Throughout its turnaround season, TCU has deftly played the underdog card before most of its biggest men’s basketball games. The Horned Frogs (22-15), who posted only 12 wins last year, have responded with a postseason run to next week’s NIT semifinals in New York.
But a funny thing has happened on the way to Madison Square Garden. TCU, the No. 4 seed in its eight-team NIT quadrant, will arrive in the Big Apple with as lofty of a tournament seed as any remaining semifinalist (Central Florida also received a No. 4 seed). The Frogs’ RPI ranking (No. 67) is the best among the four schools still competing for an NIT title.
Does that mean TCU, the perpetual underdog this season, suddenly looms as the favorite to cut down the nets in New York City?
“I hope we’re favorites to win. I haven’t really thought about it,” guard Alex Robinson said before Thursday’s practice. “We’re playing so hard as a team and playing together. As long as we keep that up, I feel like we’d have a good shot to win it all.”
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TCU meets UCF (24-11), which has an RPI ranking of No. 69, in Tuesday’s semifinals (8:30 p.m., ESPN). The earlier game matches Georgia Tech (20-15), ranked No. 106 in RPI, against Cal State-Bakersfield (25-9), the No. 75 team in RPI but a No. 8 seed to begin NIT play.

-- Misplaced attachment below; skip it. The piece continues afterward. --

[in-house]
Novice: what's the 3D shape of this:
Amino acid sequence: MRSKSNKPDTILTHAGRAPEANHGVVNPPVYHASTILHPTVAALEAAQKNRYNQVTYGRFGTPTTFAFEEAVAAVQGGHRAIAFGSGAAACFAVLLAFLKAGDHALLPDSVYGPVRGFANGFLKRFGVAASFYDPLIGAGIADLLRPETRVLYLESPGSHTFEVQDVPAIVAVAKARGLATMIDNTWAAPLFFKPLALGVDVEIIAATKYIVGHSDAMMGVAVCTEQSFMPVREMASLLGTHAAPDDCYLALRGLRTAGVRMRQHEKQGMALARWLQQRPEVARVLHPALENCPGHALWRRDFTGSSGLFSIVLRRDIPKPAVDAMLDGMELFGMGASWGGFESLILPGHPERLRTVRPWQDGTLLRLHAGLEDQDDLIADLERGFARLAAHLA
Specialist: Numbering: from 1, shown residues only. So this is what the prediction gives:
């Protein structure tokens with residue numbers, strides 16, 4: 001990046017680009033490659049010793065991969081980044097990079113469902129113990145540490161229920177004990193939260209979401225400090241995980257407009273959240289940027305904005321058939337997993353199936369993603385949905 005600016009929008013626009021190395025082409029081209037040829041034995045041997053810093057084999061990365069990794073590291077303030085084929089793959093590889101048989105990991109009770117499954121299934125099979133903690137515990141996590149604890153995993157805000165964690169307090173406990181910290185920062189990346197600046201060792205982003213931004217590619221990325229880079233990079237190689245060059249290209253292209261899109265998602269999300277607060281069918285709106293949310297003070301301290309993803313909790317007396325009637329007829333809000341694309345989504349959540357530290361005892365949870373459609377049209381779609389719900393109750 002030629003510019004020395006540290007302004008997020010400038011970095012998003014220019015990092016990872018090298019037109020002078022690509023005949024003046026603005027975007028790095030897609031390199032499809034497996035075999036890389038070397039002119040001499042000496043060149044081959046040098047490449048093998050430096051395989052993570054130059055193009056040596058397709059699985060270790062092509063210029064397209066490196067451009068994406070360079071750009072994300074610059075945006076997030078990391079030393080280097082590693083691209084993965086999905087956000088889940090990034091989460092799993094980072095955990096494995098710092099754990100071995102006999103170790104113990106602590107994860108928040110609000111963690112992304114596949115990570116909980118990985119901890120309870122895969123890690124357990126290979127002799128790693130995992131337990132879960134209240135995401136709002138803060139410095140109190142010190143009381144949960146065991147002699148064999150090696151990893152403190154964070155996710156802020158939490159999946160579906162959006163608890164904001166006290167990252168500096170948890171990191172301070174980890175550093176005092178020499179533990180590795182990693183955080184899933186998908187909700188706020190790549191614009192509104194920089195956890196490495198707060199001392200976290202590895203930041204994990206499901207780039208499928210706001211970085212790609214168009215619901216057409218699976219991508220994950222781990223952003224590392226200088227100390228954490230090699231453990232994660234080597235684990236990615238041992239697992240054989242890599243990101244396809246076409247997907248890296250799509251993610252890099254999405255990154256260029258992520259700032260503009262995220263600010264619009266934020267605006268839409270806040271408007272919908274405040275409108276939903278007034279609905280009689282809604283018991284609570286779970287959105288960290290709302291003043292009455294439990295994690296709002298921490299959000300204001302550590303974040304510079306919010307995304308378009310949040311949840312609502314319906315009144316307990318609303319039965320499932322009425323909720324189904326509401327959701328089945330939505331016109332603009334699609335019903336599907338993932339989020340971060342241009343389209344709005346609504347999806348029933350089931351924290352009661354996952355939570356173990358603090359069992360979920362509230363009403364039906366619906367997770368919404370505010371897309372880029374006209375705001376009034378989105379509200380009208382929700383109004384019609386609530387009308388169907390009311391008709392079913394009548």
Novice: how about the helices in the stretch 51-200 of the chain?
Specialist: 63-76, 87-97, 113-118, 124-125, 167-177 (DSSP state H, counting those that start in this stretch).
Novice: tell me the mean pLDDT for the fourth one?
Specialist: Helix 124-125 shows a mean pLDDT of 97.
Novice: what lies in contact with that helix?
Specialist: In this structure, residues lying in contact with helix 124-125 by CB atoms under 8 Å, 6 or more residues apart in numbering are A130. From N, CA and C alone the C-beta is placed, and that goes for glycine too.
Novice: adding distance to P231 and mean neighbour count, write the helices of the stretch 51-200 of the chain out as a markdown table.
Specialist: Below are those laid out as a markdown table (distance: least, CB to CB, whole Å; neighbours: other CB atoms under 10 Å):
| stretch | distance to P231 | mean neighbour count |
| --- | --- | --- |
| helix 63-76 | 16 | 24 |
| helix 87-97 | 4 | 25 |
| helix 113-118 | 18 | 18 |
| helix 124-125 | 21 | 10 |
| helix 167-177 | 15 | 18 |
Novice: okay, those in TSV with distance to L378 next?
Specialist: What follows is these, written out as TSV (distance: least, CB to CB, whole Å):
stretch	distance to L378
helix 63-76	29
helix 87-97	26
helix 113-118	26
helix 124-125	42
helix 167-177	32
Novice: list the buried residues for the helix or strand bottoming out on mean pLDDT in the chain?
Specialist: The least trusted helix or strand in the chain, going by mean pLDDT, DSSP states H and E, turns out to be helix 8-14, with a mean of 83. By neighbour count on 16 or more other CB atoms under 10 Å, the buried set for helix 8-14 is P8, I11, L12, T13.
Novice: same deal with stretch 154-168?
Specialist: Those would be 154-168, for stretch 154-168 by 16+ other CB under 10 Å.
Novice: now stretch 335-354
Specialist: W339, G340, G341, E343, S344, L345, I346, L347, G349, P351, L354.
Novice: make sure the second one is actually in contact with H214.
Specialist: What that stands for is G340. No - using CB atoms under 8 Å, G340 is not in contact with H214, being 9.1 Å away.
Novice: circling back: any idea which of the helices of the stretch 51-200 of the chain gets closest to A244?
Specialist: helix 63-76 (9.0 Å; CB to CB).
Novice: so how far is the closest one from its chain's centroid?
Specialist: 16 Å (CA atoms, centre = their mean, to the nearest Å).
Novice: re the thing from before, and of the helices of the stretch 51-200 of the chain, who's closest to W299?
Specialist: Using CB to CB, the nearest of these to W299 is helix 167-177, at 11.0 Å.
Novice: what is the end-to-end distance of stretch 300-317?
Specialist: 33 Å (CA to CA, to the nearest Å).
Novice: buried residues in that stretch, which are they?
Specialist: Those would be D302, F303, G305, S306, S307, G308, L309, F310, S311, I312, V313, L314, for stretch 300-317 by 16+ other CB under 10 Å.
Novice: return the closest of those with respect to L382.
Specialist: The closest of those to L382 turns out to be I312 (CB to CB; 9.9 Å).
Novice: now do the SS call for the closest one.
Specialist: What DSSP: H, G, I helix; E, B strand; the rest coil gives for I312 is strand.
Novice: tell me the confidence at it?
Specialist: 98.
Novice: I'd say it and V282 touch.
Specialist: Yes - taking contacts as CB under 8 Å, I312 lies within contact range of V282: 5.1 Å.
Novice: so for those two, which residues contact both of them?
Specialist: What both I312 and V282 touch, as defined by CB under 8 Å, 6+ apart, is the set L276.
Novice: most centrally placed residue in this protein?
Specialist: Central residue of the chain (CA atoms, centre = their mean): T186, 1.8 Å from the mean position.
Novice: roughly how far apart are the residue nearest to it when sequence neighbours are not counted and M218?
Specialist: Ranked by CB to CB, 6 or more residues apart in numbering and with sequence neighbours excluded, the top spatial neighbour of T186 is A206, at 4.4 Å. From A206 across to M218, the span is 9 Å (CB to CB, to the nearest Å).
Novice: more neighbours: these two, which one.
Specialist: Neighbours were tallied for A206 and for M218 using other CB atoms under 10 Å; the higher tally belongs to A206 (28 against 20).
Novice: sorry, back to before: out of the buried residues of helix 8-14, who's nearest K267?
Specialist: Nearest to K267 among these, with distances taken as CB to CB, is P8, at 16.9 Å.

Lots of evidence suggests TCU, which has a 5-1 record in its last six games, could be the team to beat in New York. Robinson said the Frogs have not been surprised by their postseason success under first-year coach Jamie Dixon.
“Not really. When coach Dixon first got here, one of his main things was about not rebuilding. He wanted us to win now and change our attitudes,” Robinson said. “Ever since then, we’ve always expected to win. I kind of think we expected this.”
Guard Brandon Parrish said: “Right now, we see the light. We feel like we’re playing our best basketball.”
But the Frogs, said Parrish, plan to keep their underdog mindset in place in New York even if others view them in the favorite’s role.
“We had one of the highest RPIs in the NIT field and we were ranked as a No. 4 seed,” Parrish said. “They put us as the underdog and it’s a sign of disrespect. So we’re going to go out there with a chip on our shoulder. We’re not going to go in thinking about being a higher seed.”